Building A DIY E-SCRAMBLER MOTORCYCLE – Plans Available

James Biggar is a talented man! See how he builds this amazing DIY

RST website: https://www.resystech.com

Plans for this build: https://resystech.com/electric-motorcycle.html

Sketchup for web (free, no download): https://www.sketchup.com/products/sketchup-for-web

Ready for some real power? Upgrade from an e-bike to this electric motorcycle. The 72V motor is rated for 8000 watts continuous output, and 12,000 watts peak. It has loads of torque (max 190 Nm) that generates an acceleration rate of 3 to 6 m/s^2, which is better than most cars. The top speed is approximately 90 mph (120 kph) to make it suitable for highway driving, but it also handles great on the trails. To top it off, the 60Ah/4.2 kWh lithium battery provides a convenient ~62 miles (100 kms) of driving range, per charge, on avg terrain. All of this is mounted to a very strong frame, fabricated with 1″ square, 11 gauge steel tubing.  

E-SCRAMBLER MOTORCYCLE from scratch!

MOTORCYCLE SPECS
​Power: 8000W continuous, 12,000W peak (equivalent to 200-300cc ICE)
Weight: ~200 lbs (91 kg)
Top speed: 75 mph (120 kph)
Range: ~60 miles (100 km), average terrain
Wheelbase: 59”
Rake angle: 28°
Suspension travel: ~180mm
Wheels: 90/90/19 front and rear
Seat height: ~35”
Controller: 72V/150A
Motor: brushless/gearless hub motor
Battery: 72V/60Ah (4.2 kWh)



DOWNLOAD THE PLANS

CHECK OUT HIS NEW CYBER TRIKE BUILD: https://youtu.be/YMm3yrVhA88

Plans for this build (3D Sketchup CAD): https://resystech.com/electric-motorcycle.html

DISCLAIMER: This is a prototype vehicle. By purchasing the plans, building and using the prototype as your own for personal or commercial use, you are assuming all responsibility related to that use (resale of the plans is forbidden). Please obey the rules of the road, and wear safety gear. In need of quality custom built batteries? Check this out: http://bit.ly/2u6rhcV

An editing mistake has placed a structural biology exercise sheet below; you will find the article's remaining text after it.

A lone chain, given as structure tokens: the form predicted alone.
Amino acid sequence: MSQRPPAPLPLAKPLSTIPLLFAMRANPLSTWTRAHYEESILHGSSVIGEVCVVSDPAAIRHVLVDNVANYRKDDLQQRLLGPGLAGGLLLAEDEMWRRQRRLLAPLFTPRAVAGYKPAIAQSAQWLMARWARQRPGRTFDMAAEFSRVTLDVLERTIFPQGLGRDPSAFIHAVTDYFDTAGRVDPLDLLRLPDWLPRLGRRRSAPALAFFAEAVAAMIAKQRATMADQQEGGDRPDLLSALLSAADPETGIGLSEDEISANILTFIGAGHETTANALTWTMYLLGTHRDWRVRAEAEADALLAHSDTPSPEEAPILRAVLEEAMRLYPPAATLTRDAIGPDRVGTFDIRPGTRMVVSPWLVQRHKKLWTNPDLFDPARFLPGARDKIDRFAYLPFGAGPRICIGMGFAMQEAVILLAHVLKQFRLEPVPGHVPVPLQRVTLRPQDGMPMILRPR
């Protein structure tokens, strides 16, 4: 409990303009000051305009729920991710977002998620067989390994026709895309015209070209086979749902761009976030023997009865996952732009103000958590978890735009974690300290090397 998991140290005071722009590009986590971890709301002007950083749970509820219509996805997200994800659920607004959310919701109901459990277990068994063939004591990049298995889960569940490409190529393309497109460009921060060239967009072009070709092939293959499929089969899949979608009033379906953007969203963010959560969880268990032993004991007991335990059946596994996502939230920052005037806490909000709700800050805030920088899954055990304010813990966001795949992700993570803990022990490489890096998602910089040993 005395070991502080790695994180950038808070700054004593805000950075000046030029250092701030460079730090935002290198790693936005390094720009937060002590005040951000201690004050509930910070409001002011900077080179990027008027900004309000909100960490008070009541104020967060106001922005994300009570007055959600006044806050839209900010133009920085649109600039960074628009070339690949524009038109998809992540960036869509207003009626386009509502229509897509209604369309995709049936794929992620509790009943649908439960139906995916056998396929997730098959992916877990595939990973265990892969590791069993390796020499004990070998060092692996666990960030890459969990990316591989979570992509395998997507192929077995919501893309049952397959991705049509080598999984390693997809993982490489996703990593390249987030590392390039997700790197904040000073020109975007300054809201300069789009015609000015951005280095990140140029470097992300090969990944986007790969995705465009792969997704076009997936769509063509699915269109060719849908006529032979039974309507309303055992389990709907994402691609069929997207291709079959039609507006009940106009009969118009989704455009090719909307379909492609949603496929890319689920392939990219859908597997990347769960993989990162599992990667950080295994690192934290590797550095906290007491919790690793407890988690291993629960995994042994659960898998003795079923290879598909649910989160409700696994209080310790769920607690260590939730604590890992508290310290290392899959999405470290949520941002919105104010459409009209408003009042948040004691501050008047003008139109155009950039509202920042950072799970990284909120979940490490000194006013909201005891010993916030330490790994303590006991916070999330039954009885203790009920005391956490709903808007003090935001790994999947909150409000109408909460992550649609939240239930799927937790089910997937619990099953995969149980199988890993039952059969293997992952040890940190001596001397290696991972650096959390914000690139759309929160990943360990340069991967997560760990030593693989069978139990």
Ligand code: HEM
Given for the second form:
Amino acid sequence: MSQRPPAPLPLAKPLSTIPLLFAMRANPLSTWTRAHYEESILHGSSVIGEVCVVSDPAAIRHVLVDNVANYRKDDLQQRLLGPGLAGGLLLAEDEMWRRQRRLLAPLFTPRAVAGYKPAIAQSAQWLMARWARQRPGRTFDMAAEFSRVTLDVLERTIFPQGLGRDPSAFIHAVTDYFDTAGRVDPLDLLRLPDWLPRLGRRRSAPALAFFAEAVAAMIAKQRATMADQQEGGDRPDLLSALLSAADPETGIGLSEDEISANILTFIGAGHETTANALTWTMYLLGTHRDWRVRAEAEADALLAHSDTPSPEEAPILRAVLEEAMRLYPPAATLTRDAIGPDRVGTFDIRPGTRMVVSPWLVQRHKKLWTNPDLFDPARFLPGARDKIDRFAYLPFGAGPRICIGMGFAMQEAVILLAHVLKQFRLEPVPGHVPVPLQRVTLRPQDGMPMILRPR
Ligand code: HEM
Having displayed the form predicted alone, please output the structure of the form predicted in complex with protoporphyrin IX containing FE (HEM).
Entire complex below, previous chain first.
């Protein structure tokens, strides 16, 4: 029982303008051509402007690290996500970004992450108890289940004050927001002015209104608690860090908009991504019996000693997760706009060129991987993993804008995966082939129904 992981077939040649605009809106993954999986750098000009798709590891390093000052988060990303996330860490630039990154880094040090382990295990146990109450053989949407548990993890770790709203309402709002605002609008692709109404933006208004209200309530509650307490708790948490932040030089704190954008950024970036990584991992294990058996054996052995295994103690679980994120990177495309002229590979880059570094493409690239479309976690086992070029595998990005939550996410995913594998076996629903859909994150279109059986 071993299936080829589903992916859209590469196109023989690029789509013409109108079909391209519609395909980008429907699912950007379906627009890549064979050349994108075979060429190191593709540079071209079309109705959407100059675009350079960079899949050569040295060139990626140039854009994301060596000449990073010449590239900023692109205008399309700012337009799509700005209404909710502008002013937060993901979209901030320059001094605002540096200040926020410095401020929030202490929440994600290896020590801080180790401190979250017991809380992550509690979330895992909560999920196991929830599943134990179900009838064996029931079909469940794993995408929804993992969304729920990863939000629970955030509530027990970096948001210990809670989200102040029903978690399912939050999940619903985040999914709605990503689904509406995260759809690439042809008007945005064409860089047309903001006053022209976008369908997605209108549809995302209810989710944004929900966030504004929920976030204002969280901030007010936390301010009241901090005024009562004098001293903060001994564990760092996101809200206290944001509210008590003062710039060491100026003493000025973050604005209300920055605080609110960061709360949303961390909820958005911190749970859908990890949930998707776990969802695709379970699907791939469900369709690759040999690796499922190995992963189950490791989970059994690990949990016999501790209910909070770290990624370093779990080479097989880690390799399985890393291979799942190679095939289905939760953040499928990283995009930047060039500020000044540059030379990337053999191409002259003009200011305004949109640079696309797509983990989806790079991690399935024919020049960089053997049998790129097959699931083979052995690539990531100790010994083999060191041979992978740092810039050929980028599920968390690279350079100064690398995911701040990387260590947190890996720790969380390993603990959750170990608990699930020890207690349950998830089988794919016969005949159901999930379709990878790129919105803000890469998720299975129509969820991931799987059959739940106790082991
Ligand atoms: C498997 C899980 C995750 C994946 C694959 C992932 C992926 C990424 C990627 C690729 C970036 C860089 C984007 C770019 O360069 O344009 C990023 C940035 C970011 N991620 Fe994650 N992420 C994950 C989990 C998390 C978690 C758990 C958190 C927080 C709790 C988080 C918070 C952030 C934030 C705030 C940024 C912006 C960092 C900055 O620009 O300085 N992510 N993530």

Do it yourself” (“DIY“) is the method of building, modifying, or repairing things without the direct aid of experts or professionals. Academic research has described DIY as behaviors where “individuals engage raw and semi-raw materials and parts to produce, transform, or reconstruct material possessions, including those drawn from the natural environment (e.g., landscaping)”.[1] DIY behavior can be triggered by various motivations previously categorized as marketplace motivations (economic benefits, lack of product availability, lack of product quality, need for customization), and identity enhancement (craftsmanship, empowerment, community seeking, uniqueness).[2]

The term “do-it-yourself” has been associated with consumers since at least 1912 primarily in the domain of home improvement and maintenance activities.[3] The phrase “do it yourself” had come into common usage (in standard English) by the 1950s,[4] in reference to the emergence of a trend of people undertaking home improvement and various other small craft and construction projects as both a creative-recreational and cost-saving activity.

Subsequently, the term DIY has taken on a broader meaning that covers a wide range of skill sets. DIY has been described as a “self-made-culture”; one of designing, creating, customizing and repairing items or things without any special training. DIY has grown to become a social concept with people sharing ideas, designs, techniques, methods and finished projects with one another either online or in person. WIKI

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